How quickly?

Well, the same month, The Face was coming out and stuff was appearing the same month, they were ripping off that issue that was just out. It was so fast. Advertising campaigns looked just like it, so that’s when we had real problems because the adverts looked so much like some of the work we were doing at The Face itself. We got lost, I got lost, people associated me with all the bad rip-off work in this country; and people were going, ‘I’m so sick of Brody,’ when what they meant was, ‘I’m so sick of all these fonts being used everywhere.’ I mean so many people ripped off the fonts, the look, and to me that was a failure, not because of any business failure, but because I was trying to inspire a sense of challenge, not of copy. Anyway, next question …

If you could go back to LCP and shake up the course, what would you most like to tell the young designers there now?

Well, that’s an interesting question because I was saying I might start to get involved with them somehow, but I don’t know in what capacity yet. To be honest I think that there’s not enough soul-searching going on. You have to know yourself before you can speak to other people, and there’s not enough of that sense of self, that sense of personal journey. I think that if anything I would like to create situations which were much more revealing of people’s own nature.

You must see a constant stream of young graphic designers coming in contact with you. What qualities do you see that they have in general, that might be holding them back?

Fear – if anything, it’s fear. It’s a lack of confidence in themselves. They think, because of the way culture is and society is right now, that students have to perform, like performing monkeys. There is a certain code, a certain way of doing stuff, and they have to somehow please the person they are going to see, and their work gets so watered down, their selves get so lost because of that. In the end it’s vacuous. It’s empty. What I look for in people, before anything else, is personality and a strong conviction of their own nature. I’m not looking for people who have managed to capture the latest styles or are only technically proficient. Often I look at people’s work and employ them despite their portfolio, not because of it …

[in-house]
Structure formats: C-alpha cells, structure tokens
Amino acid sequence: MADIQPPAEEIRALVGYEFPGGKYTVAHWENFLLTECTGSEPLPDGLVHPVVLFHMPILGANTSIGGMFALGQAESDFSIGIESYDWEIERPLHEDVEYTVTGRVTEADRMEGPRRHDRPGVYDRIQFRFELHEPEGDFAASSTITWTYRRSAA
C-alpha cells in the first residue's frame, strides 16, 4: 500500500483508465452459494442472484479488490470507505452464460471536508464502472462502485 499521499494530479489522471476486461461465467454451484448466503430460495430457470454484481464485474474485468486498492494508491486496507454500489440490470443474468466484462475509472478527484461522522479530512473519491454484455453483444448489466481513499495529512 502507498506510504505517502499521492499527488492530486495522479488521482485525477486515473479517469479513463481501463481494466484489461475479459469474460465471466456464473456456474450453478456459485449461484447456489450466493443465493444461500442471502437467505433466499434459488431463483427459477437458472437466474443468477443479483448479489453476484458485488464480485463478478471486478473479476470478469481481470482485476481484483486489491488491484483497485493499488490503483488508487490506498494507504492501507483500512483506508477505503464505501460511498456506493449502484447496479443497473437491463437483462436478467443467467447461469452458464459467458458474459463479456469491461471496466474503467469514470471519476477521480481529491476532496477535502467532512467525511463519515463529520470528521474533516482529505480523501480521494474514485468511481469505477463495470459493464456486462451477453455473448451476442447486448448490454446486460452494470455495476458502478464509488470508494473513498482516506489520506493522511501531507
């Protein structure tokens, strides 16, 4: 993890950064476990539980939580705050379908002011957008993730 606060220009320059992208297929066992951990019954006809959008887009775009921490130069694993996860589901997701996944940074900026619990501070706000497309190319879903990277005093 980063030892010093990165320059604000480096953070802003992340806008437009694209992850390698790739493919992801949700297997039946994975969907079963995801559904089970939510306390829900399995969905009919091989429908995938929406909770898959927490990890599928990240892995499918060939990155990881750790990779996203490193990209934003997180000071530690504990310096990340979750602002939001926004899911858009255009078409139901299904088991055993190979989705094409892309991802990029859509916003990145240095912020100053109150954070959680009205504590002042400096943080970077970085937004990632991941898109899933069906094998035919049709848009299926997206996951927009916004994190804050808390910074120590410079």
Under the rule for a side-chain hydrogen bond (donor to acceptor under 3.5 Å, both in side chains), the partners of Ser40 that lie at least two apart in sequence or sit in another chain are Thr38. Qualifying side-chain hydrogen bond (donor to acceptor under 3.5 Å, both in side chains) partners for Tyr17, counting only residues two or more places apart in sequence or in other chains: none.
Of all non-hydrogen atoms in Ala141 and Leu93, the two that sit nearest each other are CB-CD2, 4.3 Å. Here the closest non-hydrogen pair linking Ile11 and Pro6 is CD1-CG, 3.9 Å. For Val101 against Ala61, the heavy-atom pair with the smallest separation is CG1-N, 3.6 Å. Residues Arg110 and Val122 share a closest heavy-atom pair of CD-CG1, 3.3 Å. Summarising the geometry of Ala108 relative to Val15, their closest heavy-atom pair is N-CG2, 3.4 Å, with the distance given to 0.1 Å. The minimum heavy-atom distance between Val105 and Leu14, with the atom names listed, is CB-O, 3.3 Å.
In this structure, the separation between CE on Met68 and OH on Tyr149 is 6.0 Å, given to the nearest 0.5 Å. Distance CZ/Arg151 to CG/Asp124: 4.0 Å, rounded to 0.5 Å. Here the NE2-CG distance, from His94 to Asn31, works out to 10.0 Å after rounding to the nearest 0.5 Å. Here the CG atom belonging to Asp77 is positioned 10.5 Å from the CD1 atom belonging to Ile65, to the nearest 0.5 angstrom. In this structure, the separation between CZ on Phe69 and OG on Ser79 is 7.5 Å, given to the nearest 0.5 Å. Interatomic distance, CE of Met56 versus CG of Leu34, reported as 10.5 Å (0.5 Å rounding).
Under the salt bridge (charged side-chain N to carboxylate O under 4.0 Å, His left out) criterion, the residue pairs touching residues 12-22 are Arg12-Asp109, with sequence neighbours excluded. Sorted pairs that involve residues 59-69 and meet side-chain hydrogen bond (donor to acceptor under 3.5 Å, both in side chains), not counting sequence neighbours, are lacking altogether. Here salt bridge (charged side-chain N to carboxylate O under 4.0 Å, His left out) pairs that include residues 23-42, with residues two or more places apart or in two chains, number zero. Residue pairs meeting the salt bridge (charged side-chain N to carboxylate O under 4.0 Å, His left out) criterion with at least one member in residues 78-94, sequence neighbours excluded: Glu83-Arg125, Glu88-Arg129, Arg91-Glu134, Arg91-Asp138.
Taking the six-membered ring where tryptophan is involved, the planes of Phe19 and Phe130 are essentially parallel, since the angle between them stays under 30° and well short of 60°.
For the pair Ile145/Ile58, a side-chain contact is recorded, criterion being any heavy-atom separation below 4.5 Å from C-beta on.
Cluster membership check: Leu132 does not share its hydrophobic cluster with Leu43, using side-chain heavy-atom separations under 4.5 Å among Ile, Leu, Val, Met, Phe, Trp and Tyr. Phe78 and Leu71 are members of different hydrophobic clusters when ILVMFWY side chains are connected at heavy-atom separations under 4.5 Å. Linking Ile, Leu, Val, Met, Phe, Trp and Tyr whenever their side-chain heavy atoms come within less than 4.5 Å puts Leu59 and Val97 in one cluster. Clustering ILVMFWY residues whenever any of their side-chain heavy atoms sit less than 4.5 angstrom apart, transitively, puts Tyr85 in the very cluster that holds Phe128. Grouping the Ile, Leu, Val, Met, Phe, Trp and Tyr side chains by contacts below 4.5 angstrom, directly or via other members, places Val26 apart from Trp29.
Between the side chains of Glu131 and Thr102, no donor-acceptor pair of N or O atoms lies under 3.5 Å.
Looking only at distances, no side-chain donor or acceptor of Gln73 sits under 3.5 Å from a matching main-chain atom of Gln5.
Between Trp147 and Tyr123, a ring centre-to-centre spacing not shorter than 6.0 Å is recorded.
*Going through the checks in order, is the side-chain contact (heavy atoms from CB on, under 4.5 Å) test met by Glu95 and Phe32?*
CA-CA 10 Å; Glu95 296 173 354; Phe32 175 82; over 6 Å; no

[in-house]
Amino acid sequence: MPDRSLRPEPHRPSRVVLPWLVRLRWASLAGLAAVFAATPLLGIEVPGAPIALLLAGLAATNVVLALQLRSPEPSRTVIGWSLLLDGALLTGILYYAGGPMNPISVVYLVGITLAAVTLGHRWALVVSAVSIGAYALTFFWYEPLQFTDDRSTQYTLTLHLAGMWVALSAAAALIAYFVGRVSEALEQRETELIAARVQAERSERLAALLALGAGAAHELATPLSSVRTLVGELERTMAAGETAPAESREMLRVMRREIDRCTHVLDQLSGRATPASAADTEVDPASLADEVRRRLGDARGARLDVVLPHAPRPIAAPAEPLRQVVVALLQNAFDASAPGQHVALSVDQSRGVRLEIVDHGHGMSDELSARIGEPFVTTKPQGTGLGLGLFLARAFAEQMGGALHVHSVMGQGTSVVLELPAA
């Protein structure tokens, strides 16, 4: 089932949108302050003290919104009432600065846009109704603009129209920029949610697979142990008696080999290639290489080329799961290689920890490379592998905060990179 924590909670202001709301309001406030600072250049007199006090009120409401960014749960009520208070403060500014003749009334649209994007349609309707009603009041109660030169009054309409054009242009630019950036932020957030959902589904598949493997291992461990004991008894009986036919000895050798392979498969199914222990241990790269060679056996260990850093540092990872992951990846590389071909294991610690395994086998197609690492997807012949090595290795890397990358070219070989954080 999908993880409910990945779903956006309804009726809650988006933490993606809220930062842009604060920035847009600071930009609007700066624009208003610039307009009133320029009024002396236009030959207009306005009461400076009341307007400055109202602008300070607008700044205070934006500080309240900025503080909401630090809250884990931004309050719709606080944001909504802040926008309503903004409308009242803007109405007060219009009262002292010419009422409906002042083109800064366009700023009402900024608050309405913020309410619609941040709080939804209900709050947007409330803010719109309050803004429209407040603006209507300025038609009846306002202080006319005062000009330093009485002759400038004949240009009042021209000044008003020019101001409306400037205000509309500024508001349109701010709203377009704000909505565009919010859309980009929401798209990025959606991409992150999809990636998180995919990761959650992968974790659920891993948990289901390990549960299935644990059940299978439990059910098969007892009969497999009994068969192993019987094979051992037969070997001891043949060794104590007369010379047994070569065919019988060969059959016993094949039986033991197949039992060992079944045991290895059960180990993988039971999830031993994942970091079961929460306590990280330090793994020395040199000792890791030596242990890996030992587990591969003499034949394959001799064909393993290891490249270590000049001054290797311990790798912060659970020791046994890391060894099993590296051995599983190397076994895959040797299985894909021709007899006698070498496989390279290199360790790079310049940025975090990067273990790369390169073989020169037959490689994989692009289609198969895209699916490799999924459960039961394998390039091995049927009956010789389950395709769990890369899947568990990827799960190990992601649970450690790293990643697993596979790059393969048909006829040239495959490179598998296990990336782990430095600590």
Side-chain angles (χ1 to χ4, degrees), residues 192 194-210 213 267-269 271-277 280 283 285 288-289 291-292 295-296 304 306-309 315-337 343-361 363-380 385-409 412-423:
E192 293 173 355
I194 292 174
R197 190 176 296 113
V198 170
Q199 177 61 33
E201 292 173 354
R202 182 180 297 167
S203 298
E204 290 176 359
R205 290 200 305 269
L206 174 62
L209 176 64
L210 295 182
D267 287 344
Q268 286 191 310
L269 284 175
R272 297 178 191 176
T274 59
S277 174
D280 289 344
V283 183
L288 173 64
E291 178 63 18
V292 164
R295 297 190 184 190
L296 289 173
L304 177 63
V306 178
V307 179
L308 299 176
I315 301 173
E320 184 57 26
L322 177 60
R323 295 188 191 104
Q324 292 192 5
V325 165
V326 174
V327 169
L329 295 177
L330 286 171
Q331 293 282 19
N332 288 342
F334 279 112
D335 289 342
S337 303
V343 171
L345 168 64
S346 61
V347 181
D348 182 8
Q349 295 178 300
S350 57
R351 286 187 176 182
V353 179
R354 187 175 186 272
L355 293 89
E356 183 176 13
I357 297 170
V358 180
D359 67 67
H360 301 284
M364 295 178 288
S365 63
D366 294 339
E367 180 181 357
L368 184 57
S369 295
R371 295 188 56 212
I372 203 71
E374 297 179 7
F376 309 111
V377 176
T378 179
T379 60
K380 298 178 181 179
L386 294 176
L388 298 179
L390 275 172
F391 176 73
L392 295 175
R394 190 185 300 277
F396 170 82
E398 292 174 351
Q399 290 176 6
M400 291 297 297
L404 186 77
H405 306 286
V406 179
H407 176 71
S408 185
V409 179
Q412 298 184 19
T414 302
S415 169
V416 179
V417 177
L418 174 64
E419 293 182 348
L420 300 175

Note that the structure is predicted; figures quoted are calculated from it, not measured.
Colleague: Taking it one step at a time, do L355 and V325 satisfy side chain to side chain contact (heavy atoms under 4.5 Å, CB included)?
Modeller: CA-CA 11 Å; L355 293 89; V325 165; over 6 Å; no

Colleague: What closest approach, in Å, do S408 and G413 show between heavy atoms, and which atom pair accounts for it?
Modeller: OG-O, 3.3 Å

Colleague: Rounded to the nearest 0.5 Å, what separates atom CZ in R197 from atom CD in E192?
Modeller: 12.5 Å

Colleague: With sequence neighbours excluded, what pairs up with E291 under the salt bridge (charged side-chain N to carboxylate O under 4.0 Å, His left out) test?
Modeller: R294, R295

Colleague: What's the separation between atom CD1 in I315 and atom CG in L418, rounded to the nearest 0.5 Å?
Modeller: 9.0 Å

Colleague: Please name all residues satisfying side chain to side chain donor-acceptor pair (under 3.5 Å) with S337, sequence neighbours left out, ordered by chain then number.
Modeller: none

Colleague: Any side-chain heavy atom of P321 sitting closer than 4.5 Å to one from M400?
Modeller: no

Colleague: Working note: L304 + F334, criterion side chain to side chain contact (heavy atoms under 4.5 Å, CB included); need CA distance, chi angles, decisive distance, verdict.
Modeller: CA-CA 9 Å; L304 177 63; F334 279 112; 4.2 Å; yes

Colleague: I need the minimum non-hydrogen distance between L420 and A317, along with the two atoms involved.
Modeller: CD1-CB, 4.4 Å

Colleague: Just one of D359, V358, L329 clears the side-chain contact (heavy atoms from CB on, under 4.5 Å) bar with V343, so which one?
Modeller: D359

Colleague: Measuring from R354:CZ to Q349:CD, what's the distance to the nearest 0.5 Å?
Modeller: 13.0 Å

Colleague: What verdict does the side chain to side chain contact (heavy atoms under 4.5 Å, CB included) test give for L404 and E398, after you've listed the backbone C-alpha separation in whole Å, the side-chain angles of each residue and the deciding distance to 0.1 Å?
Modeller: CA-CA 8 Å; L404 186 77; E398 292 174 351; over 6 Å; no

I wonder if they realise that …

Oh, I tell them. A couple of people specifically, I thought their portfolios were terrible, but I really felt they had the capacity to challenge me to believe in themselves and to be committed to exploring ideas and visual communication.

Have you ever had any ideas on how you might help someone be aware of that, or teach it?

There are certain workshop ideas that you can do and they would need to be revolved around removing props, because we tend to solve things using what we know.

Psychological props?

Not only psychological but also conventions. When people approach product design or any kind of visual communication they tend to form it out of a set of props that exist – references, styles, ways of doing things, manufacturing limitations that they’re not prepared to question. Everything is formed out of ready-mades, so the way to do it is to set specific projects and not allow people to use any ready-made references. It’s tough. Thinking and struggling with it, how do you communicate in print without using words?

It’s simple, you know, rethinking the table, like in this restaurant, basically at the end of the day it’s a surface at an approximate height, that you can put things on, but beyond that it can be anything, as we can see here…

The upturned tray style?

Yeah, exactly. I like the idea of re-purposing stuff for a use it was never intended for. That’s always very inspiring. I mean in The Face we used a lot of things like road signs and stuff, but completely out of context, as a way of revealing how controlling our society is.

What is the greatest personal transformation you’ve had to go through – in your career, in adulthood, as you were growing up?

I don’t know if there was any specific one. College was a huge transformation. I was really thrown back on my own devices, and my own strengths, and I had to work so hard for it to work. Because as I said you can’t just go in and break something, you have to offer an alternative. That took far more thinking than just accepting conventions, doing it normally. It was a huge transformation.